My friend, Kath, and I decided, as you do when not quite in touch with reality, to take a four-day midweek break to Scotland. The journey is 600 miles (each way), meaning two days in the car for only two days hiking. A small matter. We set off, drove ten hours from Sussex to Strath Spey, and fell upon plates of chilli and large quantities of beer like the motorway-maddened travellers we were.
Having so little time, we had resolved to walk whatever the weather, and the following morning's steady snow-fall was no deterrent. With not a snowshoe, crampon, or axe between us, we headed up Ryvoan pass amply aided by our YakTrax (they're fab - review to follow). Our route deteriorated from a pisted track to ski lines, to ever-deepening footprints left by others. After lunch at the bothy we headed up the side of Meall a' Bhuachaille, the snow still falling silently.
A few had gone before us, but their tracks soon petered out, and we cut up the side of the hill through deep drifts. It was fun, but hard going, and as we reached cloud level - about half way up - we knew we just didn't have time (or energy) to reach the top. That's when the fun started. With snow up to our waists in places, the most effective way down was to bumslide or, where it was not steep enough for that, to roll. We laughed all the way back to the bothy.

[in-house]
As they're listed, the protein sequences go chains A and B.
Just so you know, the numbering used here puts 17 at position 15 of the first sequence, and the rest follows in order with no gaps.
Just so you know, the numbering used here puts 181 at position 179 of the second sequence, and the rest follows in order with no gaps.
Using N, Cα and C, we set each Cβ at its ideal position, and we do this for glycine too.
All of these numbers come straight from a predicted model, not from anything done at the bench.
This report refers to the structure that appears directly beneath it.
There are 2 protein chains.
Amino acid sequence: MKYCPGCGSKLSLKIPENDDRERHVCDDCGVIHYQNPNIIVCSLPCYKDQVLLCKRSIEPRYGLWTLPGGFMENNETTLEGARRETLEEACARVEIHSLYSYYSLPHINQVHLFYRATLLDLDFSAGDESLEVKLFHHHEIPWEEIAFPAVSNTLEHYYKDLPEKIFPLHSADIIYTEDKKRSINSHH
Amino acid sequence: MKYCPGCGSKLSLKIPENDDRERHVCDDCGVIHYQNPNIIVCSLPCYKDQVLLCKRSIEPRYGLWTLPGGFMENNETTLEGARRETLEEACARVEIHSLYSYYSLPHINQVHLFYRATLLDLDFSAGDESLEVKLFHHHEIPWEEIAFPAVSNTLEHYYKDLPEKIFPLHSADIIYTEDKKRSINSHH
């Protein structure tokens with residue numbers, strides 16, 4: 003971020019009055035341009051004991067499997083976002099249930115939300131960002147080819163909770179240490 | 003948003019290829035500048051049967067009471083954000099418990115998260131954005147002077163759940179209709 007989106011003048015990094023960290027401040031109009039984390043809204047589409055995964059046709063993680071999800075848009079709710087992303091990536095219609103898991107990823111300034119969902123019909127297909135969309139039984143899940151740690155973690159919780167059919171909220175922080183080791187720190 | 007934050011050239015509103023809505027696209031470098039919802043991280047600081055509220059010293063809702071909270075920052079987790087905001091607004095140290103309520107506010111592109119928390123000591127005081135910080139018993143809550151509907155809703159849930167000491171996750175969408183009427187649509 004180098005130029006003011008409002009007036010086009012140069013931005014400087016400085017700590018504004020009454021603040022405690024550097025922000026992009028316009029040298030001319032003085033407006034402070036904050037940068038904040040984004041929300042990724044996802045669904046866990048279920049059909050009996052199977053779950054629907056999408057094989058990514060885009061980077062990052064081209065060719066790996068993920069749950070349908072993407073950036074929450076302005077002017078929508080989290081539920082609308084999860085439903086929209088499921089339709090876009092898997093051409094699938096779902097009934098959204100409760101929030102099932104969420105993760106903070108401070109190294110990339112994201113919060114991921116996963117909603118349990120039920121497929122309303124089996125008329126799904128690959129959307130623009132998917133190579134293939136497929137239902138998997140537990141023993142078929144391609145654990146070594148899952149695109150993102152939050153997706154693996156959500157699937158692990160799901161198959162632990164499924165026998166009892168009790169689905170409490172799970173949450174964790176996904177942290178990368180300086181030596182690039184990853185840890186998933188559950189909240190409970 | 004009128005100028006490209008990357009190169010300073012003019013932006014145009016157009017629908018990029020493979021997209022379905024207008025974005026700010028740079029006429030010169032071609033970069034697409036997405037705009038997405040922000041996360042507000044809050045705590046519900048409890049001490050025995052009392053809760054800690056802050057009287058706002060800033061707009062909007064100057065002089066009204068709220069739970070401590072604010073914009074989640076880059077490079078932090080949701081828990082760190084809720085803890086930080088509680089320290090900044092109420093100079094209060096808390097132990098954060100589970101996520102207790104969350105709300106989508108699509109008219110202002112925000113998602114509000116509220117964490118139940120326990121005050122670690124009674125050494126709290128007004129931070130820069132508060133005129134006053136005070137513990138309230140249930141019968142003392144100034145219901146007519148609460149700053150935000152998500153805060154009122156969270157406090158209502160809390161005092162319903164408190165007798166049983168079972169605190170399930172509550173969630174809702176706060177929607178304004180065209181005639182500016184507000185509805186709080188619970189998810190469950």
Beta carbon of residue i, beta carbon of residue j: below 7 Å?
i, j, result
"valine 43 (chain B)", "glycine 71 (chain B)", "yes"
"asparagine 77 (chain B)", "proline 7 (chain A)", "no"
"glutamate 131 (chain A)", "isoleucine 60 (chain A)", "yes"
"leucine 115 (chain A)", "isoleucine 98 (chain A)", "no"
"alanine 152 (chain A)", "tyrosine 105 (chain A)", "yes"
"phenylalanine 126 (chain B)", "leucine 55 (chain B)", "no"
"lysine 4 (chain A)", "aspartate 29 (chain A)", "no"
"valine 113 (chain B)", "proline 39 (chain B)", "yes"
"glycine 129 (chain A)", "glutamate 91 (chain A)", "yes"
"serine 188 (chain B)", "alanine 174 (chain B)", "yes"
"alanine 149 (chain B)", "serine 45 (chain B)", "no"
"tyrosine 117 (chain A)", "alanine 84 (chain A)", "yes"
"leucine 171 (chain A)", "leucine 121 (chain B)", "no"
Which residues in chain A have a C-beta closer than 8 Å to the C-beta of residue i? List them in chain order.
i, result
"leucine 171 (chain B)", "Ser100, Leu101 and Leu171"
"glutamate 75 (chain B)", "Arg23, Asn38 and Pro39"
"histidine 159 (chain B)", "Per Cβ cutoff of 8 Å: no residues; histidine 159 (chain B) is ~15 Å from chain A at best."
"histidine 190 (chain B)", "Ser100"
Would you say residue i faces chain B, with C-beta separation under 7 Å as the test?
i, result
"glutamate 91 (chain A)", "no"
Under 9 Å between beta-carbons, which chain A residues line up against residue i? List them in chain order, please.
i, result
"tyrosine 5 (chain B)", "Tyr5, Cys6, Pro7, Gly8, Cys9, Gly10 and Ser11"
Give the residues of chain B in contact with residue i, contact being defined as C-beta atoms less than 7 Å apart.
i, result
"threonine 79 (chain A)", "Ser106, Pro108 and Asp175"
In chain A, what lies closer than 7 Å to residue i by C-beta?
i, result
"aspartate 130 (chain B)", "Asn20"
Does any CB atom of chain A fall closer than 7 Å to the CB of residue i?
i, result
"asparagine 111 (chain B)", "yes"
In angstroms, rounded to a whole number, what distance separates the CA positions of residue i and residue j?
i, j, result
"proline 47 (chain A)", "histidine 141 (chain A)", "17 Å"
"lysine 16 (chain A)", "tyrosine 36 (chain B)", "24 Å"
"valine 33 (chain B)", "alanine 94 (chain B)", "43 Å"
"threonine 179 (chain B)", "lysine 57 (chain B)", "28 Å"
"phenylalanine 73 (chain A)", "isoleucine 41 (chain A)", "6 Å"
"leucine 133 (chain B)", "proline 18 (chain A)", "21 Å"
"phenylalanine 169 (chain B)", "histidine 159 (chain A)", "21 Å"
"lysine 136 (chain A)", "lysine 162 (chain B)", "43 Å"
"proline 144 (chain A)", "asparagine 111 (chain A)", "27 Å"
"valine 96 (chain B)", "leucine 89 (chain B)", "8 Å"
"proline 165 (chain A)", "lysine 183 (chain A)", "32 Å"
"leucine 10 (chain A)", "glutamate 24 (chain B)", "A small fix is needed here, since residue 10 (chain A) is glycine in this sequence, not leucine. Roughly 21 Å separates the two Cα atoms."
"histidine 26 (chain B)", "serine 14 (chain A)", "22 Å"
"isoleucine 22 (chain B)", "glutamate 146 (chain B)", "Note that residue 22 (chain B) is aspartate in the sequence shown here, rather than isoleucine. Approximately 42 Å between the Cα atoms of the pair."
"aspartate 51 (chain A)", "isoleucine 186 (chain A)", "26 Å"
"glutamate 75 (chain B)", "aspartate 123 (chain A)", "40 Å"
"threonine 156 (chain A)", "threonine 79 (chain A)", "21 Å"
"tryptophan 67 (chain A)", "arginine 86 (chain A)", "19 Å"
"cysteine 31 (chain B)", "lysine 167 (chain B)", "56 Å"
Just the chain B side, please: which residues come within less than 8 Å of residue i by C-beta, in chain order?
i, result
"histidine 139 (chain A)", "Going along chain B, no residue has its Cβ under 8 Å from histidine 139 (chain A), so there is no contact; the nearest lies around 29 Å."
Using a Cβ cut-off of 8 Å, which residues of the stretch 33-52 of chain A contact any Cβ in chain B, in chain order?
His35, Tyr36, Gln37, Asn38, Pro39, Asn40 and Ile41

The next day the sun shone in a deep-blue sky, and we just had to get up a mountain somehow. Being short of time and unadventurous, we chose Cairngorm (I know, I know), along with hundreds of skiers. We fought a way up Windy Ridge, again in deep snow, dodging the off-piste boarders. The going got better higher up, but the wind became a burden, and the final push for the top was a slog. It took us over four hours for a climb that can usually be done in 90-min, max.
But the views. Ah, the views. We could see the entire Highlands. We could clearly make out Morven (77 miles) and Ben More Assynt (83 miles). It was the best visibility I've ever seen in the Cairngorms.
The next day we drove home, having covered over 1,300 miles; but the trip was worth every one. I'll be back up in May and, with the hope of less snow and longer days, I've more great walks planned!